MGM have released The Barefoot Contessa on a bare-bones disc with only the trailer for company. The transfer isn't too bad and it's worth a look if you can get it for a reasonable price.
Any consideration of the picture quality needs to bear in mind that the film was deliberately shot in particularly soft-focus, with the lighting on Ava Gardner being particularly luxuriant. The image on DVD, therefore, looks rather softer than would be the case with many more recent films and it is supposed to. Given this, the picture quality is actually pretty good. It's not up there with some of Warner Brother's brilliant transfers of fifties movies - see North By Northwest and Cat On A Hot Tin Roof for example - but it is pleasing. There is a lack of fine detail in places, even given the lighting style, and the colours are not as rich as they should be, but artifacting is not the problem it is on some other recent MGM releases and there isn't too much grain on show. The main problem is the abundance of print damage, resulting in white speckling throughout and suggesting that restoration is required. The film is presented in the correct fullscreen ratio.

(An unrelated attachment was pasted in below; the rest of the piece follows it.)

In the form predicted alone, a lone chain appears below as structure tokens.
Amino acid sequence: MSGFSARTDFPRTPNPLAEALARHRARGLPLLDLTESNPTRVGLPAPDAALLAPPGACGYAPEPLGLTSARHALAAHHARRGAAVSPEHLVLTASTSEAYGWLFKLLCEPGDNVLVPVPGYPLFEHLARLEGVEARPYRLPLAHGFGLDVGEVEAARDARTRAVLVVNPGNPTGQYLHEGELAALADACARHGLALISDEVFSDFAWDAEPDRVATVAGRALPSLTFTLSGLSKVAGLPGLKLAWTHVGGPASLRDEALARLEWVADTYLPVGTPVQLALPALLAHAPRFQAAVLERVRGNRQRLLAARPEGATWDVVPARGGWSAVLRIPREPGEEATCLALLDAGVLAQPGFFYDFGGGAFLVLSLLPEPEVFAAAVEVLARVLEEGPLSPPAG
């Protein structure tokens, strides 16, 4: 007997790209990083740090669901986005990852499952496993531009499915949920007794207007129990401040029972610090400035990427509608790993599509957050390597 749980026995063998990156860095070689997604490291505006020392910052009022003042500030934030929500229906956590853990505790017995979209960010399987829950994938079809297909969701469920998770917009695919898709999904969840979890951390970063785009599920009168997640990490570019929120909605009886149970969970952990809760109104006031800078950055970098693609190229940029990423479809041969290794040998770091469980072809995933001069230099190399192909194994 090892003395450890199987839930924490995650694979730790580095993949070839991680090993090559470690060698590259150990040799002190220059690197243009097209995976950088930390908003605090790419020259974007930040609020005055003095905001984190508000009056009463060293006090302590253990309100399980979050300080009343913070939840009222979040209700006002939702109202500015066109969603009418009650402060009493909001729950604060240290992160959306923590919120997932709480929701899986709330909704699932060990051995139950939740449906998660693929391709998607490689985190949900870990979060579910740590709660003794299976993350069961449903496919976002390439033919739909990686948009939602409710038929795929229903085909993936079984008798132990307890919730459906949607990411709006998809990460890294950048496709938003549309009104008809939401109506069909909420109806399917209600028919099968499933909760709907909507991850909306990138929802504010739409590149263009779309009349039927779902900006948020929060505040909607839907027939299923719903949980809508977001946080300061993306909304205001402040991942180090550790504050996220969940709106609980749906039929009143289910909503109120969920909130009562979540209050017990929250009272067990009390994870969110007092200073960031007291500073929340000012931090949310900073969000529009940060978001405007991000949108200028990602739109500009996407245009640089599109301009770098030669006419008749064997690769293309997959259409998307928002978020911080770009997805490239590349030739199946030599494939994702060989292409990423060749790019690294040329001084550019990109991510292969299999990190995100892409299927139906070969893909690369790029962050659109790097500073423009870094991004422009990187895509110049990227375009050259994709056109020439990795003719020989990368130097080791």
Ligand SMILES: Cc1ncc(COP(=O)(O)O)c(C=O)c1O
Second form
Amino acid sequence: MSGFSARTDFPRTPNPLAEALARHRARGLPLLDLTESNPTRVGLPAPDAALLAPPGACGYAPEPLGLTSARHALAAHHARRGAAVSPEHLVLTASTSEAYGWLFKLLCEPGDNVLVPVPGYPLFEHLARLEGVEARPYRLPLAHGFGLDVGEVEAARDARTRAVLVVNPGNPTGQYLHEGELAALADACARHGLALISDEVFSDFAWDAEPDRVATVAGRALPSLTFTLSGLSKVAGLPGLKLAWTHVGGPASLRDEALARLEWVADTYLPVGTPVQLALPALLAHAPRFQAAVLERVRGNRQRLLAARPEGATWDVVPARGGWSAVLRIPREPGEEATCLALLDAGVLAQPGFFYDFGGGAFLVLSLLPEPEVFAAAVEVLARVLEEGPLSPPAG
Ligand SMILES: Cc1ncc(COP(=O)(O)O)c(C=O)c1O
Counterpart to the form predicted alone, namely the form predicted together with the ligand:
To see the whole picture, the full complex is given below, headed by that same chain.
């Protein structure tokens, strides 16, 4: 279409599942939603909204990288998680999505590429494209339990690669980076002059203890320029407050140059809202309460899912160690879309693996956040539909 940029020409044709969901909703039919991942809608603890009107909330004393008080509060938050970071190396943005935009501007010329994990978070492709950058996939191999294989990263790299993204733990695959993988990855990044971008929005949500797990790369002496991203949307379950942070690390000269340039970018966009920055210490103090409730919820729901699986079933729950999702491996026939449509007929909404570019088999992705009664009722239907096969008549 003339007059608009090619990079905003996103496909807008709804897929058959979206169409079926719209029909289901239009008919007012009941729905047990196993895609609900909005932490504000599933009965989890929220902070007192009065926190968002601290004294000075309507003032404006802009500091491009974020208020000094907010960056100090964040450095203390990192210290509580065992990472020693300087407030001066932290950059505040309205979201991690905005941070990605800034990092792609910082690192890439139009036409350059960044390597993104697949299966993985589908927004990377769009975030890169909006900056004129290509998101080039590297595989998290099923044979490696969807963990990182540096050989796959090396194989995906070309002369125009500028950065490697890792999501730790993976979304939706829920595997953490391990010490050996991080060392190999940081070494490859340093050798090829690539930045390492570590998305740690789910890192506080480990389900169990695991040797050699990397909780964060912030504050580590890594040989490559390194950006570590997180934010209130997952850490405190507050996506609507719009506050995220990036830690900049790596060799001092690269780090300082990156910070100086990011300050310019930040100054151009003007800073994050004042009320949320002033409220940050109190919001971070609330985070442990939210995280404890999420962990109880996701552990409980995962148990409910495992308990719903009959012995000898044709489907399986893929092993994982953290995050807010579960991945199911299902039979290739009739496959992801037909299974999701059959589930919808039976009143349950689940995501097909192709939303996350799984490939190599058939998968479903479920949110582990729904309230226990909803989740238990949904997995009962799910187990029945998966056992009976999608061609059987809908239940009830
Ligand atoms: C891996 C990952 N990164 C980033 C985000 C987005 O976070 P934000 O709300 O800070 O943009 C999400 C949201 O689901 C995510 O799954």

The soundtrack is the original Mono mix. As is usually the case, this is fine without being particularly notable. The dialogue - the most important element in this kind of film - is clear and crisp. The music is occasionally intrusive and a little distorted at the top end.
The only extra is the original theatrical trailer. This is a delightful period piece, promising to show us THE PRIVATE LIFE OF THE WORLD'S MOST BEAUTIFUL ANIMAL ! and assuring us that "It will shock you, provoke you and excite you as no motion picture ever has". Personally, I'm still waiting.
There are sixteen chapters and static menus.
This is not the great movie that it sets out to be but it is enjoyable as high grade camp and Ava Gardner at her most beautiful is always worth a look. The disc is nothing special but the technical quality is above average.
Last updated: 09/06/2018 05:45:50